Estimated reading time: 9 minutes
Read to the end to find out about a special Back to School raffle giveaway for a bundle of books!
Let me tell you about my back-to-school story of when I was eight years old. My family had recently moved to an entirely new city during the summer. In the first few weeks, I made some friends with the neighborhood kids, including one who would become my best friend then. It’s back to school time. But because I lived east of a particular street, I had to go to a completely different school than my new best friend! I knew NOBODY at this new school. I was miserable. At the time, I felt I didn’t belong, I didn’t make any friends, and then something worse happened.
My back-to-school story sounds truly depressing. But you’ll see it has a happy ending if you read to the end. But think about all the children attending new schools or starting a new grade who don’t know anyone in their new class. As a kid, you immediately feel left out. Back in the day, when I was in school, teachers left it up to the students to help the new students in class. So if nobody smiled or took you under their wing, you ended up alone at recess and lunch. That was me!
A Back to School Smile
The back-to-school story I like to share with my class during the first few days of school is Ruby the Copycat by Peggy Rathmann. Ruby enters her new classroom. But the illustration shows her as looking nervous. Or is she anxious? Worried? Or terrified! But luckily, a girl named Angela smiles at her, and Ruby smiles back.
Though Ruby tries to be a friend to Angela, she ends up with a reputation of being a copycat. Lots of kids relate to the situation. To little kids, a copycat is a frustrating thing. That’s when I bring up the question of WHY was she copying Angela? We discuss how Ruby felt when she first arrived – was she nervous? Or was it more – like anxious? Even worried? What do most people feel when returning to school or entering a new school?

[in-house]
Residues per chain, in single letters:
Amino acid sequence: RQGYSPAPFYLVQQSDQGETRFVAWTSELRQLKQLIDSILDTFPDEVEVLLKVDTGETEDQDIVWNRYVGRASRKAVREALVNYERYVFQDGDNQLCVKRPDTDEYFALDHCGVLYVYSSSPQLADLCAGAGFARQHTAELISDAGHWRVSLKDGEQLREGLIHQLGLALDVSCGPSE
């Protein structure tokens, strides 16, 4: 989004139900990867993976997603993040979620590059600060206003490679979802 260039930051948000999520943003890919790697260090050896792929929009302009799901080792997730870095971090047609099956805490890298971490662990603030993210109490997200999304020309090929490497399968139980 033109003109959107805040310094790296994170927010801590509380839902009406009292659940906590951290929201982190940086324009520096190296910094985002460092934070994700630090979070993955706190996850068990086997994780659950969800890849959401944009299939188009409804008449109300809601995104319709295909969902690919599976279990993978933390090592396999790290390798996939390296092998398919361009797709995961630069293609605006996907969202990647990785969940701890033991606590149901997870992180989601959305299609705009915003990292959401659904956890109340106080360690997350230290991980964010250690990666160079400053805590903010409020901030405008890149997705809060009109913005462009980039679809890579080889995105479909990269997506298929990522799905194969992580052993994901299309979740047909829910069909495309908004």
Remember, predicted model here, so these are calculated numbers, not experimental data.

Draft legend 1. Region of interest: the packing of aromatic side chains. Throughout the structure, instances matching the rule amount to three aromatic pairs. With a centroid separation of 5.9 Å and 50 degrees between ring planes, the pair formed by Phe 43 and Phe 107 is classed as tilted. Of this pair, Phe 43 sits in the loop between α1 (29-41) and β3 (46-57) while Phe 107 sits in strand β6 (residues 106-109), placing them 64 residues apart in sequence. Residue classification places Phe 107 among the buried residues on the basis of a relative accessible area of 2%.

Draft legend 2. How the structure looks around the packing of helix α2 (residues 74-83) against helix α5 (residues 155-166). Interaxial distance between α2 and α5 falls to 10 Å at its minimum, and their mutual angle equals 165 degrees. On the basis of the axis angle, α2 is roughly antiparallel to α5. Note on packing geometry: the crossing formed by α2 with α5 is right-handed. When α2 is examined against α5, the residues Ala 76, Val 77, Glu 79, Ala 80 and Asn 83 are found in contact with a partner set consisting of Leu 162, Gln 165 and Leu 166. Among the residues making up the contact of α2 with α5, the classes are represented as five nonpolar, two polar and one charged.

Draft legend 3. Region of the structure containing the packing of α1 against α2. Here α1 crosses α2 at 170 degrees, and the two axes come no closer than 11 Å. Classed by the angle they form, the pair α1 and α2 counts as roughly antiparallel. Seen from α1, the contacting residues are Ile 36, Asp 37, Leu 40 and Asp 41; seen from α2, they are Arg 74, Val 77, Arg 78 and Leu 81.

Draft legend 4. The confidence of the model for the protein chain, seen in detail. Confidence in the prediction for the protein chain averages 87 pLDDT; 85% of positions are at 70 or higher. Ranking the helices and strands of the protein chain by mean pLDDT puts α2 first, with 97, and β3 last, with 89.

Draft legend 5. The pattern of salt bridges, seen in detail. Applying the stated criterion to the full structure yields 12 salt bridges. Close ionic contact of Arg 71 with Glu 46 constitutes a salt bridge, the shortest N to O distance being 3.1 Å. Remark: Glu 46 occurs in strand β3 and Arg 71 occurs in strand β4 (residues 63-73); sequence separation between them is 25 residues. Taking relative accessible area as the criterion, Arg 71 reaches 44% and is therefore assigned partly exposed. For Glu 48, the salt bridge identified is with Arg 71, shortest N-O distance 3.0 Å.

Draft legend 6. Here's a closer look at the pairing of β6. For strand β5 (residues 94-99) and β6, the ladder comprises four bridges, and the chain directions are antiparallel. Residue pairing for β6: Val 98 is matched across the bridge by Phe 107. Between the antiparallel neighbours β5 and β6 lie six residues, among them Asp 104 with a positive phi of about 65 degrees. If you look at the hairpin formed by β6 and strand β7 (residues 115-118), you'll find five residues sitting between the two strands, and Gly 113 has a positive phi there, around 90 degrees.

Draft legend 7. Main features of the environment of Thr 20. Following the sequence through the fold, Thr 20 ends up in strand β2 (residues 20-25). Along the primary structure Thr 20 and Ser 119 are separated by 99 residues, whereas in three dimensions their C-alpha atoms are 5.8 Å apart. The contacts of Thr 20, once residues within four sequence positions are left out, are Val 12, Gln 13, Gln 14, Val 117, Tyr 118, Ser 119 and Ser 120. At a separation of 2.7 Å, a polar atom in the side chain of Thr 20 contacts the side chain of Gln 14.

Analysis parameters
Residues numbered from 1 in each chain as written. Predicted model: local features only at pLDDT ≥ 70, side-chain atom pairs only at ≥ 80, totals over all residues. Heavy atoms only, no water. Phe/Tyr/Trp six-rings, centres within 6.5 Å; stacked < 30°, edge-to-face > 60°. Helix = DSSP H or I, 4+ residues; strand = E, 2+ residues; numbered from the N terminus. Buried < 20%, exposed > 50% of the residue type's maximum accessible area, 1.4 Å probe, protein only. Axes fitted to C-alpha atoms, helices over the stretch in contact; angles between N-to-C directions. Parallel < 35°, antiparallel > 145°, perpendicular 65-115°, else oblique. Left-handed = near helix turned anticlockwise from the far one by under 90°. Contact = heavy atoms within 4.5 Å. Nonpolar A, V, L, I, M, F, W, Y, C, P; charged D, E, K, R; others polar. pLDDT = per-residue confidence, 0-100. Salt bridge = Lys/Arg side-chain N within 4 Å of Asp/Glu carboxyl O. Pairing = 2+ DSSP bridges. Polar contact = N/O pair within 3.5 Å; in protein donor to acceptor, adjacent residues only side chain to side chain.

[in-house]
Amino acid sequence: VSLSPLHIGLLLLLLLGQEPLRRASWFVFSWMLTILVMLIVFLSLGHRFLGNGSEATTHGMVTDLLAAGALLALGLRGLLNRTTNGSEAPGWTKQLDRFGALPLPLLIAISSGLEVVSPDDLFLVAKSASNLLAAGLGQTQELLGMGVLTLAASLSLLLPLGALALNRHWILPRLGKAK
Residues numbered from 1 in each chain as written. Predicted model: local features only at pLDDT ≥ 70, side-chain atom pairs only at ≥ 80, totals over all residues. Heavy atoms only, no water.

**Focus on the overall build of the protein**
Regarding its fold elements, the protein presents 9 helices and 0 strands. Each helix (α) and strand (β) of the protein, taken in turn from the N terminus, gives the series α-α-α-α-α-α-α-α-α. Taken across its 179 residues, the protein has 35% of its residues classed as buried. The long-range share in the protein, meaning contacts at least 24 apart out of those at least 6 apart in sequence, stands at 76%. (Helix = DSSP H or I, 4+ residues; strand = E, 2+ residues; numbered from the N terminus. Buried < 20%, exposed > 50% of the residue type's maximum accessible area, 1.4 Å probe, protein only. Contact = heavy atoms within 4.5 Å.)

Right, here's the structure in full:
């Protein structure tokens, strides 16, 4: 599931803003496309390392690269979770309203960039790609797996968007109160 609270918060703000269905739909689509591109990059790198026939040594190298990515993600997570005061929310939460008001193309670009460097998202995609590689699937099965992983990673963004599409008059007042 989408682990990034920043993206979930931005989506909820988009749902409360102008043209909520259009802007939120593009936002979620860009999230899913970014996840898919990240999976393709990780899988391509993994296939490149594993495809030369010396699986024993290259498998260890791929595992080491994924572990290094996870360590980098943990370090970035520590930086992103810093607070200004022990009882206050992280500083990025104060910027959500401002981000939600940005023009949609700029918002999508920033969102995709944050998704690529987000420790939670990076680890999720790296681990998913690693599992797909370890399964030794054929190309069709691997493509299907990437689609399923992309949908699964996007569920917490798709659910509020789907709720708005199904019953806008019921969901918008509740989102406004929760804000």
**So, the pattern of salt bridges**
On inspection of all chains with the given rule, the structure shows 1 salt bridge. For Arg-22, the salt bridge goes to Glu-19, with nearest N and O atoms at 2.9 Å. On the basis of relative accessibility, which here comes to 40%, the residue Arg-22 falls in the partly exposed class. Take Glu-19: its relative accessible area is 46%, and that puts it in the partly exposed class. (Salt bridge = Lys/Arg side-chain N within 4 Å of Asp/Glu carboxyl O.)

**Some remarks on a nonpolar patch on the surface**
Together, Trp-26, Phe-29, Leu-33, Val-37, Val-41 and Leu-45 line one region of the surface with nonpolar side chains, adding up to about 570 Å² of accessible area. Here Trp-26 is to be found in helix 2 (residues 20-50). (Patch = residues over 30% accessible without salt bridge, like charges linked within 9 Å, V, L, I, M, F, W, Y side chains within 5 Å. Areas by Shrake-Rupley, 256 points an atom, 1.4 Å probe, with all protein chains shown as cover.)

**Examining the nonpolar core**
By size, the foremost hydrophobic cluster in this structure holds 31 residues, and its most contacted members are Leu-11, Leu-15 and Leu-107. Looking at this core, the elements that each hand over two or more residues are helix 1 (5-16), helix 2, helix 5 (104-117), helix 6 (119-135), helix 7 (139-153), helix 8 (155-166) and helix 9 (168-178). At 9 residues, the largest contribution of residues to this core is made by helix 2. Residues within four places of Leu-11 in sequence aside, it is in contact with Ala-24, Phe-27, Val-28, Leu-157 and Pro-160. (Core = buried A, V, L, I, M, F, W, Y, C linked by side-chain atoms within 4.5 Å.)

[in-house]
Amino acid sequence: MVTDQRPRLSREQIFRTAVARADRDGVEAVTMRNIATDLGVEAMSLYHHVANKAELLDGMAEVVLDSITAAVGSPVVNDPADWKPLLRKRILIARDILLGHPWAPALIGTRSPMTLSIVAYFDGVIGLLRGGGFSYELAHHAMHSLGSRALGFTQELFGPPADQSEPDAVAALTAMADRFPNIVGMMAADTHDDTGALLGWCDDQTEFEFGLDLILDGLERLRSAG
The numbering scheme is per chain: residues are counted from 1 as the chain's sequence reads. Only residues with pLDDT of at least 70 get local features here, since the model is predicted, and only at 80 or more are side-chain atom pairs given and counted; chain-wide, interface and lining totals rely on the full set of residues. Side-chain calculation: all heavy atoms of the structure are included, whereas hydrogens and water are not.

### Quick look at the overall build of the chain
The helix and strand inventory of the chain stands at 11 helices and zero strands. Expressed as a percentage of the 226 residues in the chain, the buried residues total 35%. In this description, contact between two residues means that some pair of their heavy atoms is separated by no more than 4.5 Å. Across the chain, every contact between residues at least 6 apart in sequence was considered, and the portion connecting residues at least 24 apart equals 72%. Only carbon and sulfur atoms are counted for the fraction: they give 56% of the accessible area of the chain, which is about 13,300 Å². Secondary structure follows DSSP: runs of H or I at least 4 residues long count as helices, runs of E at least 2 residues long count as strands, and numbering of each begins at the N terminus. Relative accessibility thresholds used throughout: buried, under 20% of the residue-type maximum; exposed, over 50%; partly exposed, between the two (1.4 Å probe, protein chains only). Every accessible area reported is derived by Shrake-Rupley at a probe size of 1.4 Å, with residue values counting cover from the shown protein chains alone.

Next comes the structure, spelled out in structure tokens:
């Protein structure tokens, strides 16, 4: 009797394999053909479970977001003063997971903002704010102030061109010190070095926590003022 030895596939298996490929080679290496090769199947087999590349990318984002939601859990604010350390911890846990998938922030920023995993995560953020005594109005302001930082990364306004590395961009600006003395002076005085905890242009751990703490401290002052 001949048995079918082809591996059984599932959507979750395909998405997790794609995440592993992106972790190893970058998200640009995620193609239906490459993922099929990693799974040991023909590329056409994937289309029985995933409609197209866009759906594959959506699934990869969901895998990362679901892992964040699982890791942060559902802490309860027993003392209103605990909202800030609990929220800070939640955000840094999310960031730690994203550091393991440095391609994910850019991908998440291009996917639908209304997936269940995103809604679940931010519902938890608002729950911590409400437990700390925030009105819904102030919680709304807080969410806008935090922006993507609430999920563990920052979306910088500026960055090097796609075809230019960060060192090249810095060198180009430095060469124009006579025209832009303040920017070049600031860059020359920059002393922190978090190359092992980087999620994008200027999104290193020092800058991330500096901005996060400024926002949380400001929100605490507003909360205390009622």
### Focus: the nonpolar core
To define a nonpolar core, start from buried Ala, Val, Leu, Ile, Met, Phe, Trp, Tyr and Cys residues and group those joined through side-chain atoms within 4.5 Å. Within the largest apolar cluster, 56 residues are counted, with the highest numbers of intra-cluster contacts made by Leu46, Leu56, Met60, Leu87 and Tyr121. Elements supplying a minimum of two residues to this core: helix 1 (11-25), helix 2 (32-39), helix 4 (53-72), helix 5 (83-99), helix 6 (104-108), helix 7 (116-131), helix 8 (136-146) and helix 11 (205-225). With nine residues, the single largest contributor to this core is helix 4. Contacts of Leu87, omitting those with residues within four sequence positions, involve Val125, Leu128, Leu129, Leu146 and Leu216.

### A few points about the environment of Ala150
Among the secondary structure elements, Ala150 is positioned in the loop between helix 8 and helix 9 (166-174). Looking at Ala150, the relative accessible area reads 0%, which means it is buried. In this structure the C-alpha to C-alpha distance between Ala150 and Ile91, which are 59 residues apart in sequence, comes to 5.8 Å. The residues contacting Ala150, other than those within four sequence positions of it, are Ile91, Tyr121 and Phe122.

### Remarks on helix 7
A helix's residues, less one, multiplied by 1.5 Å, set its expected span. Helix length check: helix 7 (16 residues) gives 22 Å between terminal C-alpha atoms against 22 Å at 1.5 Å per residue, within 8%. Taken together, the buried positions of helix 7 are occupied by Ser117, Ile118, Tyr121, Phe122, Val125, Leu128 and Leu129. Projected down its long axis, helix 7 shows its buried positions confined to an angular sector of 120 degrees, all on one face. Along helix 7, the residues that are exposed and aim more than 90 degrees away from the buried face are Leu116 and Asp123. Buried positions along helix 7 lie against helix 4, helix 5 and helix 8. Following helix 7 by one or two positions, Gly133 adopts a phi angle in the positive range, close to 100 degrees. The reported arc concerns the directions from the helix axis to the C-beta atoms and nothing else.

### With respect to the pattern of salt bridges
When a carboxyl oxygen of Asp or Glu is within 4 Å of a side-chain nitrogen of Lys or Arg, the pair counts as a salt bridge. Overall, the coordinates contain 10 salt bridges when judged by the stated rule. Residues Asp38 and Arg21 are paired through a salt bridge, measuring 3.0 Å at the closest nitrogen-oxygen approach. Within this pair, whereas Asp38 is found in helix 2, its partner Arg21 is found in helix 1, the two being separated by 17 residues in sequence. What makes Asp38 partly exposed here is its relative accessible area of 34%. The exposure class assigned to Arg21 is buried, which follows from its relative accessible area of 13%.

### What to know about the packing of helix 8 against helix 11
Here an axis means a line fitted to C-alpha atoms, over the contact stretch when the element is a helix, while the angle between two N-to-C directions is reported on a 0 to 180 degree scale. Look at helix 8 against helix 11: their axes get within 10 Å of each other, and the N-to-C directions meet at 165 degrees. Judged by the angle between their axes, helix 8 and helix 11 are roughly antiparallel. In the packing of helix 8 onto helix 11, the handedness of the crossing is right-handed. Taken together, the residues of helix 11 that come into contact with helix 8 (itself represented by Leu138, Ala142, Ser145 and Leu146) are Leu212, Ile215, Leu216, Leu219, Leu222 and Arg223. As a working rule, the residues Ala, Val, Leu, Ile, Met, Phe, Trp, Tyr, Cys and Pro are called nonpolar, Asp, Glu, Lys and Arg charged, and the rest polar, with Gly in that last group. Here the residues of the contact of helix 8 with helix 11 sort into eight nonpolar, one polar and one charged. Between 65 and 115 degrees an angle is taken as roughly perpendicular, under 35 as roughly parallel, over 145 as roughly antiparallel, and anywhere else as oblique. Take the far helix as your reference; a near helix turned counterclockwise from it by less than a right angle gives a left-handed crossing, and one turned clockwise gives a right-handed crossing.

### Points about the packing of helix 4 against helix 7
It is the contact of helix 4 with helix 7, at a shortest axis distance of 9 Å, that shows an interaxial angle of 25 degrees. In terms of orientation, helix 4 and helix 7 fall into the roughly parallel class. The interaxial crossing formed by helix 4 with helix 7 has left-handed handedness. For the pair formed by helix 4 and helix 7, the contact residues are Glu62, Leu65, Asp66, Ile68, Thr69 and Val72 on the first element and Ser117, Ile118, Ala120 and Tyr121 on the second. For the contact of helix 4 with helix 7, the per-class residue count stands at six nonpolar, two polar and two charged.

Some students will share they did feel nervous, while others say they were worried. And it’s ok. Students find out many others feel the same way, eliciting sympathy and empathy among the other students. This is a path to building relationships and community.
But what’s the difference between nervous and worried? Students will usually describe how you might fidget or shake when you’re nervous. But when you’re worried, it’s thinking about how everyone will treat you. Though the words are similar, they have shades of meaning.
Shades of Meaning
As an elementary teacher, developing vocabulary is one of my priorities, especially with English Language Learners. Even children with a well-developed vocabulary need instruction when comparing nuances or shades of meaning in words. As adults, we have the skills to detect those nuanced terms. Authors and writers do, too. So it’s why it’s critical to talk about word choice when helping young writers develop.
One of the best ways to teach shades of meaning is within the context of passages or stories. Using a read-aloud such as Ruby the Copycat, students can use the familiar context to understand why the author chose certain words. I’m offering a FREE TEACHING RESOURCE (see below) to download. You can use it with Ruby the Copycat to introduce the concept of shades of meaning.
Hop, Jump, or Leap Back to School?
Ruby loves to hop. She hops home to have lunch and hops back to school. But what if she instead jumped? Or leaped? Would it have changed the story? What is the difference between a hop, a jump, and a leap? When I ask my students, they immediately want to act it out and show me. Soon we’re all hoping, jumping, and leaping, which makes for a fun indoor P.E.
But it is a serious question. Why did the author choose hop instead of jump or leap? I’ve created a FREE download consisting of three posters referring to a passage from the story or an illustration.
One poster includes verbs (hop, jump, leap). Another poster consists of states of mind (somber, sad, heartbroken). The third poster is adjectives (fancy, elegant, luxurious). Each poster includes a picture and sentence for word context and meaning. These posters can help students understand word meanings, word choice, and shades of meaning.